Skip to main content
Version: Tenzir v4.6

Connectors

A connector specifies how to exchange raw bytes with an underlying resource, such as a file, a network socket, or a third-party library. A connector provides a loader and/or saver:

  1. Loader: translates raw bytes into structured event data
  2. Saver: translates structured events into raw bytes

Loaders and savers interact with their corresponding dual from a format:

Connectors appear as an argument to the from and to operators:

from <connector> [read <format>]
to <connector> [write <format>]

If the format is omitted, the default depends on the connector.

Alternatively, instead of a connector, the from and to operators can take a URL or a filesystem path directly:

from <url> [read <format>]
from <path> [read <format>]

to <url> [write <format>]
to <path> [write <format>]

When given a URL, the scheme is used to determine the connector to use. For example, if the URL scheme is http, the http connector is used. The gcs connector is an exception, as it will get used if the URL scheme is gs.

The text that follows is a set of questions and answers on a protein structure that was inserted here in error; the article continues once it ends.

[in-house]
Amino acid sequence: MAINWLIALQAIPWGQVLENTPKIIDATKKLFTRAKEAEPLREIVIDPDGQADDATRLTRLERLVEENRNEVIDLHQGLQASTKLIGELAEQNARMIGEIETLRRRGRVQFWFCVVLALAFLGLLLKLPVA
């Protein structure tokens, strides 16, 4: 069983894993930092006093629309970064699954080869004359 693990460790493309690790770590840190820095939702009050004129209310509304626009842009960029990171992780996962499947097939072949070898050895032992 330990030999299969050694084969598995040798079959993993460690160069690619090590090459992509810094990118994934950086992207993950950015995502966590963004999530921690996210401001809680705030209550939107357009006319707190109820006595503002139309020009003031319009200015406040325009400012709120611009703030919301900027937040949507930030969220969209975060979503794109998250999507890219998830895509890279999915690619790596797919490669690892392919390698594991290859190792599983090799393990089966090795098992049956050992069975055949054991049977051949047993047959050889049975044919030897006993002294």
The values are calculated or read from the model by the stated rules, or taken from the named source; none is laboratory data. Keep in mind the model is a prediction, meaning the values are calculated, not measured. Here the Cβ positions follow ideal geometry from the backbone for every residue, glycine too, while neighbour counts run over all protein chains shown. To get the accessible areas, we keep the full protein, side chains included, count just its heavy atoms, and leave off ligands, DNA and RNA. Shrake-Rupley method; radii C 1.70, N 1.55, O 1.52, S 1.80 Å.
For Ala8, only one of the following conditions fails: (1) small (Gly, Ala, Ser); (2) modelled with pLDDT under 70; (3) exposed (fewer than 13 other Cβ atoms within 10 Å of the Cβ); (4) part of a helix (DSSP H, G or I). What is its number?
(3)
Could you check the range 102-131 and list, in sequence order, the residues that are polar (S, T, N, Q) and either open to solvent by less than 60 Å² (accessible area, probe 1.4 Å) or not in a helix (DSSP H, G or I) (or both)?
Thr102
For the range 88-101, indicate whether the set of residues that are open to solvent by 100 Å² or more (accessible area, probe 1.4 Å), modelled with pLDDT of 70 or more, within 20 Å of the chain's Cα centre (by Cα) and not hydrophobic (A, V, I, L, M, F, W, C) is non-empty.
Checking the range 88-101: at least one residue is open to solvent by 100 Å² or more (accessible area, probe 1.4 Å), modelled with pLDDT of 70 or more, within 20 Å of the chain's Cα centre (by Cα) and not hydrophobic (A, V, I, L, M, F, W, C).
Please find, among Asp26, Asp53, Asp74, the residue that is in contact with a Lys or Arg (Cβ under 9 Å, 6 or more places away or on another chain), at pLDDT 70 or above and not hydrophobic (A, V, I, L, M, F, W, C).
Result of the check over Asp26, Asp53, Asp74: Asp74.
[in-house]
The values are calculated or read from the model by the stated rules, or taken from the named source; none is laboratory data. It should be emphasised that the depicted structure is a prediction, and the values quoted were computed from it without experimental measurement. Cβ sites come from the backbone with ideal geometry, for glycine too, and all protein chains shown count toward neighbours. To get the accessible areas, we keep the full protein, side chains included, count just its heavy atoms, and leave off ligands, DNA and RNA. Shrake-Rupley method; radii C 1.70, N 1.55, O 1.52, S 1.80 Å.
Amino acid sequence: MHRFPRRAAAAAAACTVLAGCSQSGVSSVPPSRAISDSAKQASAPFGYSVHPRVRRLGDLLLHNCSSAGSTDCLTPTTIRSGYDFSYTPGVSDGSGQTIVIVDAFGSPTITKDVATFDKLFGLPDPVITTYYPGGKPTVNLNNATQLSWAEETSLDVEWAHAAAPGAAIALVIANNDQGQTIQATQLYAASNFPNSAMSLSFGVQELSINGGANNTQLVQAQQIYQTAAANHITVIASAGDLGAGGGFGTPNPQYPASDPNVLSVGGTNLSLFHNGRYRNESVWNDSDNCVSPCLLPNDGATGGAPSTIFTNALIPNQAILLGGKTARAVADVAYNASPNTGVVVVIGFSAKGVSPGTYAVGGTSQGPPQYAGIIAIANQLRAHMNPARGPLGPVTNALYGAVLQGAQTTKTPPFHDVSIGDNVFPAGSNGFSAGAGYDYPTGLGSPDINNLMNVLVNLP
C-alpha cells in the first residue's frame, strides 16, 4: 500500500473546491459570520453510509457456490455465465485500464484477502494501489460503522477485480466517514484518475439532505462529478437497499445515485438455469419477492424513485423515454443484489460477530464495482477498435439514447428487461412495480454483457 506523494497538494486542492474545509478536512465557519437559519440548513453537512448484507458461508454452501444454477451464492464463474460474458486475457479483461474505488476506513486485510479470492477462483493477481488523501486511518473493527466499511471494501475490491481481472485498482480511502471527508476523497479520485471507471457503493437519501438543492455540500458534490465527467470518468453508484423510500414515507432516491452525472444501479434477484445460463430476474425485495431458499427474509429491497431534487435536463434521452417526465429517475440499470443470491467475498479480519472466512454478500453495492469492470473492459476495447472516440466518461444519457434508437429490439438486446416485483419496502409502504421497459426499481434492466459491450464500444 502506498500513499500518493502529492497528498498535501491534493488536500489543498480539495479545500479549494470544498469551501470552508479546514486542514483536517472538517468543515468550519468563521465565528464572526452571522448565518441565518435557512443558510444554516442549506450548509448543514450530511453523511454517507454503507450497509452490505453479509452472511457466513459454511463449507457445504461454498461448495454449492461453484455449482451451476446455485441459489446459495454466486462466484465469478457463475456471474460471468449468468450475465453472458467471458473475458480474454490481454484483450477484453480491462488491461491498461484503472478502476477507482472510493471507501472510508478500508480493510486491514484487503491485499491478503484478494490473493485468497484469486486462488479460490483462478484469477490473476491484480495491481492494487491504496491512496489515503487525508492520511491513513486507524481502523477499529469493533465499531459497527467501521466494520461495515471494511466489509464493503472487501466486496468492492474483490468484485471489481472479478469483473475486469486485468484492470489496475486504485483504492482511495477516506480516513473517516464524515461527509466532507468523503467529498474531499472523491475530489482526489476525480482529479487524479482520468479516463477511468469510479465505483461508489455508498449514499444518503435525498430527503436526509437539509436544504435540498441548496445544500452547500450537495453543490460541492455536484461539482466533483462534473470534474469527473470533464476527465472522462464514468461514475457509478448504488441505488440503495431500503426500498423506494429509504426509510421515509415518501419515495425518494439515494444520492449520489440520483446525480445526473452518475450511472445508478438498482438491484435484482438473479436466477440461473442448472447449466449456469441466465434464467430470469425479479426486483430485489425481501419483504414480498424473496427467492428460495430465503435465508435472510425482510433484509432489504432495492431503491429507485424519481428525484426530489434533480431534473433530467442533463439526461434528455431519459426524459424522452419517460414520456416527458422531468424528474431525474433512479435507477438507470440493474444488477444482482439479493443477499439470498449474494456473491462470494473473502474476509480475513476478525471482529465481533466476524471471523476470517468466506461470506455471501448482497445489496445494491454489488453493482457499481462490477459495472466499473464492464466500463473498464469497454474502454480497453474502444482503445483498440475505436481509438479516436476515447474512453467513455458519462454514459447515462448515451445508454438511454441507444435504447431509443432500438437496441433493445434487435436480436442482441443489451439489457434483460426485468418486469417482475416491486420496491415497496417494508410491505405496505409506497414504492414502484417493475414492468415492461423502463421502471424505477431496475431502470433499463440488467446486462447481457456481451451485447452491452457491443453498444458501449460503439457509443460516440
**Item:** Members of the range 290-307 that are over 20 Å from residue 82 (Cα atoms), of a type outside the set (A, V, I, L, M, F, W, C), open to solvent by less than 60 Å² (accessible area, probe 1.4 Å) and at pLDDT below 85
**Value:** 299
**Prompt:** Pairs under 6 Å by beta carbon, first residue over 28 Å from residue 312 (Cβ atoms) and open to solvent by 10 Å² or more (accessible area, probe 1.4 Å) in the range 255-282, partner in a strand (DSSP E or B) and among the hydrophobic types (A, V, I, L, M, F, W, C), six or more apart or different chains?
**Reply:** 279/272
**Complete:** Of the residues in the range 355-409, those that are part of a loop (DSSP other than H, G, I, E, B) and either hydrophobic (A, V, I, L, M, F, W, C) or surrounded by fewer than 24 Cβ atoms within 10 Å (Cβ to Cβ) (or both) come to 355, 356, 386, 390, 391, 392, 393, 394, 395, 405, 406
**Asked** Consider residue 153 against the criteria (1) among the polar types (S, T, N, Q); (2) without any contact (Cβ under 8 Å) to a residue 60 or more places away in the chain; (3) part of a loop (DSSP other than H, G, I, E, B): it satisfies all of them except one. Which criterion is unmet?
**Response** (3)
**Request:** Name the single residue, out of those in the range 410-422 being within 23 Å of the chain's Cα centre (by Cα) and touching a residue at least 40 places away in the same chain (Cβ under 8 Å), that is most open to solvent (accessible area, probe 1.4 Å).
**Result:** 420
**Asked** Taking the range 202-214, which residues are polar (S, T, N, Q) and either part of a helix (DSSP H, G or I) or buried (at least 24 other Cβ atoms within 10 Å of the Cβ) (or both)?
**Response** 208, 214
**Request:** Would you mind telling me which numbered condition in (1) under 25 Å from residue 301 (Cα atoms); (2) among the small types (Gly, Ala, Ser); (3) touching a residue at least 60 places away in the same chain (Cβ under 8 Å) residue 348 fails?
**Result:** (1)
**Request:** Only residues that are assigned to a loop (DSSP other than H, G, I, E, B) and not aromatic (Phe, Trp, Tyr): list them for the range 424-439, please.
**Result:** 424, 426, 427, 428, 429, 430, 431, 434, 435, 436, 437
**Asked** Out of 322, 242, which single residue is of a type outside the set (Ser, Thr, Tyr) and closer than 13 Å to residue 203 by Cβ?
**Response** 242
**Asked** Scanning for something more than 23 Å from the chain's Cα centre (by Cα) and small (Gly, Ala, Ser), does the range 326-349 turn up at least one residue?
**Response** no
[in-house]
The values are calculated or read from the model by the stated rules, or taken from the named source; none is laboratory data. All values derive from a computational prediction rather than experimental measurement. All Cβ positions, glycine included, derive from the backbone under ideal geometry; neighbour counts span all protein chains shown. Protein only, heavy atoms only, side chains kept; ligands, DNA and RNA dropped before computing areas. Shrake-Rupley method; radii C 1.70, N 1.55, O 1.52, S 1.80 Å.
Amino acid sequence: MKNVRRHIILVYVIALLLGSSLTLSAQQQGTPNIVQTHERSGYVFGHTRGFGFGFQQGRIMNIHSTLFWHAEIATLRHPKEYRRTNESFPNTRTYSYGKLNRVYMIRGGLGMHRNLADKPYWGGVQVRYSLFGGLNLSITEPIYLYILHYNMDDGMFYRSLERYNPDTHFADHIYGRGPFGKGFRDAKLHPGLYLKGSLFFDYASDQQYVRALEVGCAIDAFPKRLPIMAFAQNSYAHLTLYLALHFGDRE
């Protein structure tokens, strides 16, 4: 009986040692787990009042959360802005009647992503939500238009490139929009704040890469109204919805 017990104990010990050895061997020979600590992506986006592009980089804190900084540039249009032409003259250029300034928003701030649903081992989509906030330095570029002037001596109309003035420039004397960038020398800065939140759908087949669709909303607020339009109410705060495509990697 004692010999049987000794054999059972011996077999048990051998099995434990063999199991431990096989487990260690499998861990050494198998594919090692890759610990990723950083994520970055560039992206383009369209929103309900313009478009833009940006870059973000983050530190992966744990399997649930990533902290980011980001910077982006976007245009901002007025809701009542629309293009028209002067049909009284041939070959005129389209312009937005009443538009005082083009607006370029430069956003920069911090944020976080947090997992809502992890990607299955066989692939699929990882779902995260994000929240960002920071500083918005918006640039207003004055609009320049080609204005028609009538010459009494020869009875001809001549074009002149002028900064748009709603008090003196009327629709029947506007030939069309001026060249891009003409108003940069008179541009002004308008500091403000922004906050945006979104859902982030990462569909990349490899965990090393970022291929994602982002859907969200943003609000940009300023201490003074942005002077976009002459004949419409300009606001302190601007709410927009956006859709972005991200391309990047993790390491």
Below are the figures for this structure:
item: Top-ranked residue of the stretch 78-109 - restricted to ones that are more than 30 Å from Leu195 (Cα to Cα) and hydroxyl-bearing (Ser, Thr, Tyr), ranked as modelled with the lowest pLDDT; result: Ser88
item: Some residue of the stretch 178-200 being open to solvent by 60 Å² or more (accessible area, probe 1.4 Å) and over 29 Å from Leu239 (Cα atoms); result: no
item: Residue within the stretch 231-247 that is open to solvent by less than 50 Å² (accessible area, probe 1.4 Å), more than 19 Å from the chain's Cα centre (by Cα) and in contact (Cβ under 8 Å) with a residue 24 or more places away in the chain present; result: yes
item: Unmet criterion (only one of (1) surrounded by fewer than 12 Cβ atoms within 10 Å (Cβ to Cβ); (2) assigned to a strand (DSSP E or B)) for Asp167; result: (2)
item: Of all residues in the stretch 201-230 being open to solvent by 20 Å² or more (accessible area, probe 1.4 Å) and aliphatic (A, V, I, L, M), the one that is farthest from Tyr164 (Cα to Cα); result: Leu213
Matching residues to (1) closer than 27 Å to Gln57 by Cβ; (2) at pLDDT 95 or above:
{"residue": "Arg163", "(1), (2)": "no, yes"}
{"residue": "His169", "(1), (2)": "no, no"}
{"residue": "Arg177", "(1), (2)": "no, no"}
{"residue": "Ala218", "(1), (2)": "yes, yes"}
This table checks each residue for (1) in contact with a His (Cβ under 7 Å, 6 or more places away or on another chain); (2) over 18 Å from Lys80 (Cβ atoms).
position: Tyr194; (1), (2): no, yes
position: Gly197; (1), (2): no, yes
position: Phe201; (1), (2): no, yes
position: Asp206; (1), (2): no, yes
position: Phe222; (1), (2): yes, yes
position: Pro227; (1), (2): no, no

from https://example.com/foo.json
from https https://example.com/foo.json
from https example.com/foo.json

from gs://bucket/logs/log.json
from gcs gs://bucket/logs/log.json

When given a filesystem a path, the file connector is used implicitly. To disambiguate between a relative filesystem path without any slashes or a file extension, and a connector name, the path must contain at least one character that doesn't conform to the pattern [A-Za-z0-9-_]. If the input conforms to that pattern, it's assumed to be a connector name.

# Parsed as a filesystem path
from /tmp/plugin.json
# `plugin` is parsed as a connector name
from plugin
# `./plugin` is parsed as a filesystem path, again (contains a `.` and a `/`)
from ./plugin

Tenzir ships with the following connectors: